Bernard Zuel / Sydney Morning Herald
Josh Wakely’s idea for a children’s animated series was heartfelt but mad. Impossible. It would require securing the rights to more than 300 songs by the Beatles, and then getting some famous contemporary singers to record those songs. And that was never going to happen.
Until it did.
Now Beat Bugs will air on Netflix around the world, and Channel 7TWO from Monday, a soundtrack album is out in August, and Wakely, a 35-year-old screenwriter and director from Newcastle, is still staggered.
“This has been like my life’s work, for want of a less pretentious term, for five or six years,” he said this week from the West Hollywood studio run by former Devo member Mark Mothersbaugh, whose soundtrack work includes the massively popular children’s show Rugrats.
“I would go around pitching this series saying I’ve got this great idea for a children’s series and all I need to do is get the rights to the Beatles’ songs. Now I realise that I looked utterly crazy as I walked out of those rooms in Sydney and Hollywood.”
Three of those years involved Wakely convincing, ultimately, John Lennon’s widow, Yoko Ono, and Paul McCartney, to allow the songs of Lennon and McCartney to be used. Somehow he never lost faith.
“There was a point where I had been pursuing the rights for a year, then two years and then it was in the third year and it was suggested to me by my wife and people with more pragmatic minds perhaps I could create an animation separate from these Beatles rights,” said Wakely, whose production company, Grace, has offices in Sydney and Los Angeles.
“But it absolutely needed that. It was the celestial rocket fuel for the series.”
Beat Bugs, a story of five friends in a richly detailed and often gorgeous world of nature, is strong enough visually and in its writing to survive on its own, partly down to the show’s Vancouver-based animators, Atomic Cartoons, whose principals emerged from Pixar and George Lucas’ Industrial Light and Magic.
But for Wakely, Beat Bugs had to be soundtracked by the Beatles because it had all started with him re-hearing All You Need Is Love, now the show’s theme song.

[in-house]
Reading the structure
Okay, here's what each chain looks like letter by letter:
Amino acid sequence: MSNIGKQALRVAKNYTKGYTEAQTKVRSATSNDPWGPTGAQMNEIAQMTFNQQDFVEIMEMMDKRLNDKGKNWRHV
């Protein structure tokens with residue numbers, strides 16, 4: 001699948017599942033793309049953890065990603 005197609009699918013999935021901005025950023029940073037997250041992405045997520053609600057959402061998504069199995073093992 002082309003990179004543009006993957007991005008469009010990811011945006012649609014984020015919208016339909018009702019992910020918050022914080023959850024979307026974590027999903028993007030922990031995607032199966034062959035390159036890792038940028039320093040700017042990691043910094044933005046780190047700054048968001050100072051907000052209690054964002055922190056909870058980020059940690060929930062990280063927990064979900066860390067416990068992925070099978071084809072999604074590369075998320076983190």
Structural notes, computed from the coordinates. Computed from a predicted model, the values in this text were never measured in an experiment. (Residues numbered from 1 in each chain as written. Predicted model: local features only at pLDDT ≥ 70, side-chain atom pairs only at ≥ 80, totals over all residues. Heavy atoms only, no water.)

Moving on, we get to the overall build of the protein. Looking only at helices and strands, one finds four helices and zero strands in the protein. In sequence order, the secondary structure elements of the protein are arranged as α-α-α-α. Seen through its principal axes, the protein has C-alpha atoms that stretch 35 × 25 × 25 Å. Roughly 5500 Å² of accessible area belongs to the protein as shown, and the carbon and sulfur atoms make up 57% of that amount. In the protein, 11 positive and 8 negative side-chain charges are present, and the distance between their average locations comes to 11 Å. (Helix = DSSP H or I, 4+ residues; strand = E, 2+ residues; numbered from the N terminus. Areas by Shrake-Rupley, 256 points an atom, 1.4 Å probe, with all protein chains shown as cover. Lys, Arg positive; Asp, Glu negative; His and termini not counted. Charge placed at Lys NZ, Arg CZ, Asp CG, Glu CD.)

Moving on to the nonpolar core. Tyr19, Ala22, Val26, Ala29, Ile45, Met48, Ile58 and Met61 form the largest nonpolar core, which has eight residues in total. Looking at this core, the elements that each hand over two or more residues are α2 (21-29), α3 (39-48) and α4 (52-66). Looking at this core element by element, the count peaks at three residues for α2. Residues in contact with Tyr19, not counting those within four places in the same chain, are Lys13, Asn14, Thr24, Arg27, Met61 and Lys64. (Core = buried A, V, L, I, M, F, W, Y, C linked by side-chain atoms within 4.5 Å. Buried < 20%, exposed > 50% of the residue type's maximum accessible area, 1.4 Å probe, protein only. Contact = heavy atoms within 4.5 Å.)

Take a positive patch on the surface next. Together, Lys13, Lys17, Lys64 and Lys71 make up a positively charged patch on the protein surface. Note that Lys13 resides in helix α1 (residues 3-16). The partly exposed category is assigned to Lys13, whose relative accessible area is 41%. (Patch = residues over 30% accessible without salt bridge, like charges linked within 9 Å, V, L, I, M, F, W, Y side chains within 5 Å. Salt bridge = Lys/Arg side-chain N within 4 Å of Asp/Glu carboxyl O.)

“I heard the chords and lyrics to All You Need Is Love and thought wouldn’t it be powerful to bring that to children and to bring that to animation,” he said. “From that seed the whole idea would grow. I thought it was something that would often be a platitude but it’s a simple but brilliant thing to teach anyone, especially young person.”
With a young son of his own, Wakely wanted to teach “that you can conquer anything with that idea and that drove me with enough passion to pursue this idea”.
It worked even better than he could have hoped beginning with fellow Novocastrian Daniel Johns, with whom he’d worked on a short film called My Mind’s Own Melody in 2011, signing on as musical director and arranger. Then one of his childhood heroes, Pearl Jam’s Eddie Vedder agreed to sing Magical Mystery Tour, joining Sia (whose version of Blackbird Wakely waxes lyrical about), Pink and even British actor/writer and TV host James Corden on the soundtrack.
“The great thing about The Beatles, and I also think it applies to Queen, is that whatever moment you hear them in your life, you think everyone else is hearing them for the first time too,” said Corden, who named his son Max McCartney Corden after his favourite Beatle, in a statement. “That’s the quality of how timeless those songs are.”
Incidentally, while negotiating for the Beatles songs, Wakely was also working on another mad project, a drama series based on the songs of Bob Dylan. A project requiring access to more than 600 songs by the only songwriter to challenge the Lennon and McCartney for cultural ubiquity.
Impossible? That series now is in development for Amazon.